Dashlane’s premium plan includes a VPN, a rare find among password managers. It uses a licensed version of Hotspot Shield, which would cost you $12.99 monthly if you buy it separately. While Dashlane’s version is more limited, it’s still a tremendous value given that its premium plan costs only $4.99 monthly.
All of Dashlane’s plans come with top-end security. I haven’t found evidence of any security breaches, and even if there were one, your data would be protected by its zero-knowledge architecture that encrypts information at the device level rather than in the cloud.
Who is Dashlane best for?
Dashlane’s premium plan is the obvious choice for any VPN user as it offers tremendous bang for your buck. The always-free plan is also valuable if you don’t use a VPN. However, NordPass’s is even better.
Recent upgrades to Dashlane:
Dashlane’s new CSV import process lets you easily import information from other password managers. A bulk delete function lets you quickly remove information you no longer need. The new extension works with passkeys and lets you add your linked websites and subdomains to your logins that share the same Dashlane account.
While Dashlane’s free tier is more limited than its paid plans, it has all the features the average customer would want. That said, NordPass’s free plan has even more features and scope than Dashlane’s. The latter’s premium plans start at $2.75 per month compared to $1.99 per month for NordPass and $2.99 per month for 1Password.
But Dashlane’s greatest value is for VPN users who can get a password manager with a VPN included for only $4.99 per month, the same price as 1Password’s family plan that does not include a VPN.
After testing NordPass, I find it offers the best free password manager for those on a Mac. It is one of the few Mac password managers that raises the bar with premium features like reporting on all plans, single sign-on (SSO), and 3GB of storage — even with its free plan.
Starting price 4.0/5
Platform compatibility 4.3/5
User experience (UX) 5.0/5
Form filling 3.0/5
Two-factor authentication (2FA) 5.0/5
Compatible with Android, iOS, Linux, Mac, Web (Brave, Chrome, Edge, Firefox, Safari), Windows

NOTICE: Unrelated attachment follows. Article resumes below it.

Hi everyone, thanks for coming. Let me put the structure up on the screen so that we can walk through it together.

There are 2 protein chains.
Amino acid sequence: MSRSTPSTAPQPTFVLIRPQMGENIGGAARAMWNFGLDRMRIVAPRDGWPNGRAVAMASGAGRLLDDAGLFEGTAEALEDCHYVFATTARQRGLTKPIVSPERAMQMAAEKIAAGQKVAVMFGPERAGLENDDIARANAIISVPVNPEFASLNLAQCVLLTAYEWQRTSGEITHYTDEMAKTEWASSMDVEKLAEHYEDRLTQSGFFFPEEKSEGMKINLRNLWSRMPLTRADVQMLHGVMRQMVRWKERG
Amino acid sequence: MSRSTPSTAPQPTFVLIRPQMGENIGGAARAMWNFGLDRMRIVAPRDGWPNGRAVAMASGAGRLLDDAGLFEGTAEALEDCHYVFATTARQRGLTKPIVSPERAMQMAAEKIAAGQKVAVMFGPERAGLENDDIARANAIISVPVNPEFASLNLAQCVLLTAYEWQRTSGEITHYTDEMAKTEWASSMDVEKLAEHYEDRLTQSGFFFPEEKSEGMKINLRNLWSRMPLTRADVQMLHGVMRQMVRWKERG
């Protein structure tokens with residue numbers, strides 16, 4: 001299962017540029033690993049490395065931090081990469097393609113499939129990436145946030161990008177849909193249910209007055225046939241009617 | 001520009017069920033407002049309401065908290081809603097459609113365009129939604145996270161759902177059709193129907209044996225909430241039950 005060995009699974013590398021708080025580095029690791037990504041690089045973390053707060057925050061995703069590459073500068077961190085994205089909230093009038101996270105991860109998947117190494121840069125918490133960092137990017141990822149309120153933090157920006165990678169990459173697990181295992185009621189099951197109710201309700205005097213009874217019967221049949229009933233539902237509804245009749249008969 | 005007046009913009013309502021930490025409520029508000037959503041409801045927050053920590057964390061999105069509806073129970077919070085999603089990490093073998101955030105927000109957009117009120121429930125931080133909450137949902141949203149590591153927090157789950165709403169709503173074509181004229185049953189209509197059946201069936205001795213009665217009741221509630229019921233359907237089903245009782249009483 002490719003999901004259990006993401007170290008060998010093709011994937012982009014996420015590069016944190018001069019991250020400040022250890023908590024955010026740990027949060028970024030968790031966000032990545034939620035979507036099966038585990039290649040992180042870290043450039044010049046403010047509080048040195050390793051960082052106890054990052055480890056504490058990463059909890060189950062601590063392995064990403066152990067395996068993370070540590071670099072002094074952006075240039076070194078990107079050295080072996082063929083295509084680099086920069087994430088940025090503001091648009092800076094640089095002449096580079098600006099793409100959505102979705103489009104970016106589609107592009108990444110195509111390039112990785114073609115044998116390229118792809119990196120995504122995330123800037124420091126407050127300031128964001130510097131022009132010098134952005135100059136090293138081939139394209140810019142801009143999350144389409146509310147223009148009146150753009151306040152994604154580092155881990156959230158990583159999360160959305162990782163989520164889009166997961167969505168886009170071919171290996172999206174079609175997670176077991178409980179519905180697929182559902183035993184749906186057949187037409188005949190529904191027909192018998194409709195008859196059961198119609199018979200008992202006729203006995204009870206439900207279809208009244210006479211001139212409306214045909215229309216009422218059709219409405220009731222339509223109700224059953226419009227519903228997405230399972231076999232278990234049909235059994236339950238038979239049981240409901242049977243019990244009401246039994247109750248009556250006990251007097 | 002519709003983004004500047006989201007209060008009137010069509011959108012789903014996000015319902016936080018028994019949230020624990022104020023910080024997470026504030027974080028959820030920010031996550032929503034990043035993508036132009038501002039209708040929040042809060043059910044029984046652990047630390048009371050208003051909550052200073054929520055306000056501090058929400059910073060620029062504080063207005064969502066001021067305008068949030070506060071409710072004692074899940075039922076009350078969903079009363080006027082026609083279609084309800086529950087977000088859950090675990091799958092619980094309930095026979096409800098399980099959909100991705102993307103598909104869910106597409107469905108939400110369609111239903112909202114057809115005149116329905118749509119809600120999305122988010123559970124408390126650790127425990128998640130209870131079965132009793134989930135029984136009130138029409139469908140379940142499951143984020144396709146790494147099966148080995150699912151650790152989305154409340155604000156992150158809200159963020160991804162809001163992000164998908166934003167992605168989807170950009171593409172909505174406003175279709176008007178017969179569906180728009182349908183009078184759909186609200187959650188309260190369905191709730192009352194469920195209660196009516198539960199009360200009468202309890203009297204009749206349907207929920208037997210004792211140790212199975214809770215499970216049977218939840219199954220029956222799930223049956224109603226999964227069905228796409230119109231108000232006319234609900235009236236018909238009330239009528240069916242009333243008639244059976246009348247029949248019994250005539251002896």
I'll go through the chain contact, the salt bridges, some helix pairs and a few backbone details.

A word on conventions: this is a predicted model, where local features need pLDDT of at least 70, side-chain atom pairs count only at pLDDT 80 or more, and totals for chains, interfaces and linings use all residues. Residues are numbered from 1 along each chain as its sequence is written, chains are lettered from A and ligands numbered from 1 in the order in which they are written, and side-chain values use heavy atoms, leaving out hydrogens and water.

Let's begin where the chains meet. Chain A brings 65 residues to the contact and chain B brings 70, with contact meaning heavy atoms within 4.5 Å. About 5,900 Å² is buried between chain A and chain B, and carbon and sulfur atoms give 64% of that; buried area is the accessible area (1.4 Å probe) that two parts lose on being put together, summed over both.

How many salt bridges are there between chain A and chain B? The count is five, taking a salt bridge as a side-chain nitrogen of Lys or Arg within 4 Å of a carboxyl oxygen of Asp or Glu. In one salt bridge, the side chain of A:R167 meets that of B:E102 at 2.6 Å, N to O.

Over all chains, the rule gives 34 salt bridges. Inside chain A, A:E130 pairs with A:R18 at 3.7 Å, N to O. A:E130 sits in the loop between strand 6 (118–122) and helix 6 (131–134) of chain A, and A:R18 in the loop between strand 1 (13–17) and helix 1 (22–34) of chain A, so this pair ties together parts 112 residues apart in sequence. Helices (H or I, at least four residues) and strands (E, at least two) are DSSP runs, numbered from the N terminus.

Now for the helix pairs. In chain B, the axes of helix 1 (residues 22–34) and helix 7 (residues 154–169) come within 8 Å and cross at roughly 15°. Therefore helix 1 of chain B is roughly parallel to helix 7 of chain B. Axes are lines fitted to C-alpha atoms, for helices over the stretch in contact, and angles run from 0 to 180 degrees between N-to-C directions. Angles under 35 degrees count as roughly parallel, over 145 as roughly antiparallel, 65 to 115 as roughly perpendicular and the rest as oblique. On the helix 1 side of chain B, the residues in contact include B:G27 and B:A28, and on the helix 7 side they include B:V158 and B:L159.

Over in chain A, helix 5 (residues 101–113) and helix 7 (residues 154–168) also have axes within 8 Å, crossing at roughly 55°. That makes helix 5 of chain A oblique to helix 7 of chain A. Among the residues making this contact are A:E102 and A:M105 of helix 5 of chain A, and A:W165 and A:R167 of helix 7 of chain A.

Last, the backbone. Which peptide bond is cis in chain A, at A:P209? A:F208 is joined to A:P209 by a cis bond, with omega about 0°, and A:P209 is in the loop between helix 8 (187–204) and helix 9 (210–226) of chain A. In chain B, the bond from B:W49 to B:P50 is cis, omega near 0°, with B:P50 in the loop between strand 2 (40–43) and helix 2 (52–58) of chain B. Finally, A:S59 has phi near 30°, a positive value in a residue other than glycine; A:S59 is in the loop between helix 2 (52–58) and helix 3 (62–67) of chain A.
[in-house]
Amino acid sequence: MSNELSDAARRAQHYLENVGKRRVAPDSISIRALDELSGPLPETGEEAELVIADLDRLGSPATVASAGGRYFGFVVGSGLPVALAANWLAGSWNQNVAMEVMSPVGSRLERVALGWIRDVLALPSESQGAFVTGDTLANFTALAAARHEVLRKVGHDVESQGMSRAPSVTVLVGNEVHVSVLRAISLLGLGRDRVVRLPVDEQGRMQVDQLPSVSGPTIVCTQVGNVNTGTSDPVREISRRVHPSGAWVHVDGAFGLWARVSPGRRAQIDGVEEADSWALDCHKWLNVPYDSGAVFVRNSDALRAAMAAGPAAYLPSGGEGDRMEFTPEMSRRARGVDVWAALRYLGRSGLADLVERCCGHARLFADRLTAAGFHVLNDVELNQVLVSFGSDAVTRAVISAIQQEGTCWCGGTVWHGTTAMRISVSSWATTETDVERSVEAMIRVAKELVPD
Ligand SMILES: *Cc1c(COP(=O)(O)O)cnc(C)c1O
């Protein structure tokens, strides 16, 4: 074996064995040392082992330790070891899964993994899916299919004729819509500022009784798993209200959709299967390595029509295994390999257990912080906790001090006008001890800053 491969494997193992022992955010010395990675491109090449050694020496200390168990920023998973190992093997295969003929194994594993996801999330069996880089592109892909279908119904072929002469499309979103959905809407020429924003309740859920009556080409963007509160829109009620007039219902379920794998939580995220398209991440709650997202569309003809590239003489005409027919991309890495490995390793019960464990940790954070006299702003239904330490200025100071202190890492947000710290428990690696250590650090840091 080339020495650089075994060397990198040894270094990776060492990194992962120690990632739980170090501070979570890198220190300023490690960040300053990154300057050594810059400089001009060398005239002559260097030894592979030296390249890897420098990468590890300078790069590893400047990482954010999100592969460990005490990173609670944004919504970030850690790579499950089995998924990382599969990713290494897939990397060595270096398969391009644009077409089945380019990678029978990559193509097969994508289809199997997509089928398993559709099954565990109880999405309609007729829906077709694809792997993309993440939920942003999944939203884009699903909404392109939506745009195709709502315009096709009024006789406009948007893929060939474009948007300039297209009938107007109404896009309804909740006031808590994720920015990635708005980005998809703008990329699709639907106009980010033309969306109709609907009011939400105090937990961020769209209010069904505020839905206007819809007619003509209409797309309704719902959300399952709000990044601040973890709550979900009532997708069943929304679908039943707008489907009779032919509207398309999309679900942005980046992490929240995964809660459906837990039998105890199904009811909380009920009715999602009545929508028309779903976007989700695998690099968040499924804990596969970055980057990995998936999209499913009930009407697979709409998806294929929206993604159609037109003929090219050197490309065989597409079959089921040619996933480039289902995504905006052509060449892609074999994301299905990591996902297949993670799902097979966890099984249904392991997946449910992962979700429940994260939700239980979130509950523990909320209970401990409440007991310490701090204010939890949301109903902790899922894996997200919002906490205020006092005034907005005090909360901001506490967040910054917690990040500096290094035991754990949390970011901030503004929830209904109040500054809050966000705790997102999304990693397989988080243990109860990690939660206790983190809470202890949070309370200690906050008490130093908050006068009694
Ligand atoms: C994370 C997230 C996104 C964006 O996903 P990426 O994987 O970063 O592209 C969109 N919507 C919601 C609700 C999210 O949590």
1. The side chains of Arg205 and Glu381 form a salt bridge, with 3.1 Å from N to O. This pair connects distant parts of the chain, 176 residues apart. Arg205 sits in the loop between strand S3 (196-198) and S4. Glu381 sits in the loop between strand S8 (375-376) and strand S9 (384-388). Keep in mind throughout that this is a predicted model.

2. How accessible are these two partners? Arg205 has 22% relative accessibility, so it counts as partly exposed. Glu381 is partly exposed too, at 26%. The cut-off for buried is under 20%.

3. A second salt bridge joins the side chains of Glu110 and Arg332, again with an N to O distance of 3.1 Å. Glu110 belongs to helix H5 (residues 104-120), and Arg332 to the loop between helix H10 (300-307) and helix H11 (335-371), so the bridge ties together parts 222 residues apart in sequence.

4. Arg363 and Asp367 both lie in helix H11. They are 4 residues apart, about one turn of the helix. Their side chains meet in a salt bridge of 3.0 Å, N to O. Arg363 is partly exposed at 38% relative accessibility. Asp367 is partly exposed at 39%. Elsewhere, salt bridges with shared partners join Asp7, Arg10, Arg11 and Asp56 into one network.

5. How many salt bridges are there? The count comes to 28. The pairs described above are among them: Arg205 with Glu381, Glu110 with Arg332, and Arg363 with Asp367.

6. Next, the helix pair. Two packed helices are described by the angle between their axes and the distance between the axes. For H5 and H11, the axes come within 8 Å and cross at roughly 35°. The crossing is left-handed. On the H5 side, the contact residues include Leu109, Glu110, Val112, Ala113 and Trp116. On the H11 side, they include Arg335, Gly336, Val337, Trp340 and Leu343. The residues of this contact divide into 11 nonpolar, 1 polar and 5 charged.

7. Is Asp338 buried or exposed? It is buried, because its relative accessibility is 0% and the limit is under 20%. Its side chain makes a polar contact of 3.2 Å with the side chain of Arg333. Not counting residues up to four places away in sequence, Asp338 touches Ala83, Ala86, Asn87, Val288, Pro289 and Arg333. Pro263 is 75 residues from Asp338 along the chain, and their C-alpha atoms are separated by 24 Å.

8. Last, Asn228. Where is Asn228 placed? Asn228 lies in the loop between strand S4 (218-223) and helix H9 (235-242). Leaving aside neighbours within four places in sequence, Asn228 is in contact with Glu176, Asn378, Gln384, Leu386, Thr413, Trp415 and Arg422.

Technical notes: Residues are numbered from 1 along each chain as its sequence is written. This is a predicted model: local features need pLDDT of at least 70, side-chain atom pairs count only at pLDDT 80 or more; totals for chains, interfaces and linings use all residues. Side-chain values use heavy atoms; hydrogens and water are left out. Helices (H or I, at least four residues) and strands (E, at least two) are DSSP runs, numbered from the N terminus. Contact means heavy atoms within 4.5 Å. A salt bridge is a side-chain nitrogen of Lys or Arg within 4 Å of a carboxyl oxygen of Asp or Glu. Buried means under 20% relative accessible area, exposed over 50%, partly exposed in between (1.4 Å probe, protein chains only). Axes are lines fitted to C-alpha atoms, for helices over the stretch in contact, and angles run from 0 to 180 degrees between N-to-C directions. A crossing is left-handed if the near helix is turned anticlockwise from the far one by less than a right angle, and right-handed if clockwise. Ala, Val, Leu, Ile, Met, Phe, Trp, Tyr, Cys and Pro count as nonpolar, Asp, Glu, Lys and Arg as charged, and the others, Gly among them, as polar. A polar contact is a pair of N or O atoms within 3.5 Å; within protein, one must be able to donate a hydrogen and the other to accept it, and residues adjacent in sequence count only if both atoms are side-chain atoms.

Modern and minimalist in a visually-appealing way.
Works flawlessly with usernames and passwords, but struggles with payment information.
XChaCha20 encryption, zero-knowledge architecture, data leak scanning, password health checks, and account recovery.
2FA on all plans through authenticator apps, security keys, or backup codes.
3GB on all plans.
Secure password sharing
Account recovery option
3GB of storage
Despite being more limited than its paid plans, NordPass’s free plan blew me away with its breadth of features. You get unlimited passwords, 2FA, secure password sharing, reporting capabilities, SSO, account recovery, and a whopping 3GB of storage — all for free. That said, you are limited to only one device, but for single users who are trying to save money, NordPass is the clear winner.
If you do need a password manager for multiple devices, the premium plans aren’t going to break the bank either at only $1.99 per month or $3.69 per month, both of which are much lower than 1Password or Dashlane. These paid plans come with a 30-day free trial, so if you’re not sure which is best, you can give each a test run.
Another feature that sets NordPass apart is its use of XChaCha20 encryption, an advanced algorithm considered more “future-proof” than the already unbreachable 256-bit Advanced Encryption Standard (AES) encryption. In addition, NordPass is based in Panama, which puts it outside the purview of the Five Eyes Intelligence Oversight and Review Council (FIORC). This means it can never be legally required to share its data.
I also appreciated NordPass’s secure sharing and account recovery feature, which lets you access your account with a recovery code if you forget your master password. You’d also be hard-pressed to find a Mac password manager that offers more storage than NordPass’s 3GB.
Who is NordPass best for?
Anyone who wants an always-free Mac password manager should choose NordPass. Its free plan is among the best free password managers available. It offers an impressive 3GB storage, unlimited passwords, account recovery, reporting, and SSO.
Recent upgrades to NordPass:
NordPass’s newest features include a way to turn off autofill when you are on a webpage you don’t want to share your details with. It also lets you add your PIN when inputting card details when not using autofill, and has an easier way to change between NordPass accounts. Now there is also additional guidance on how to create more secure passwords.
NordPass offers the best free plans of any Mac password manager. While its free tier is limited to only one device, it’s the only free plan I’ve found that offers reporting, SSO, and 3GB of storage. Dashlane also offers an always-free plan but doesn’t have the breadth of features or storage NordPass offers.
If you want to use NordPass on multiple devices, you’ll need to upgrade to a premium plan, which starts at only $1.99 per month compared to $2.75 per month for Dashlane and $2.99 per month for 1Password. This makes NordPass not only the best free password manager but also the best cheap one for Mac.
While I chose 1Password as the best Mac password manager, the competition is close. Dashlane and NordPass are both excellent options that may be more suitable for certain people.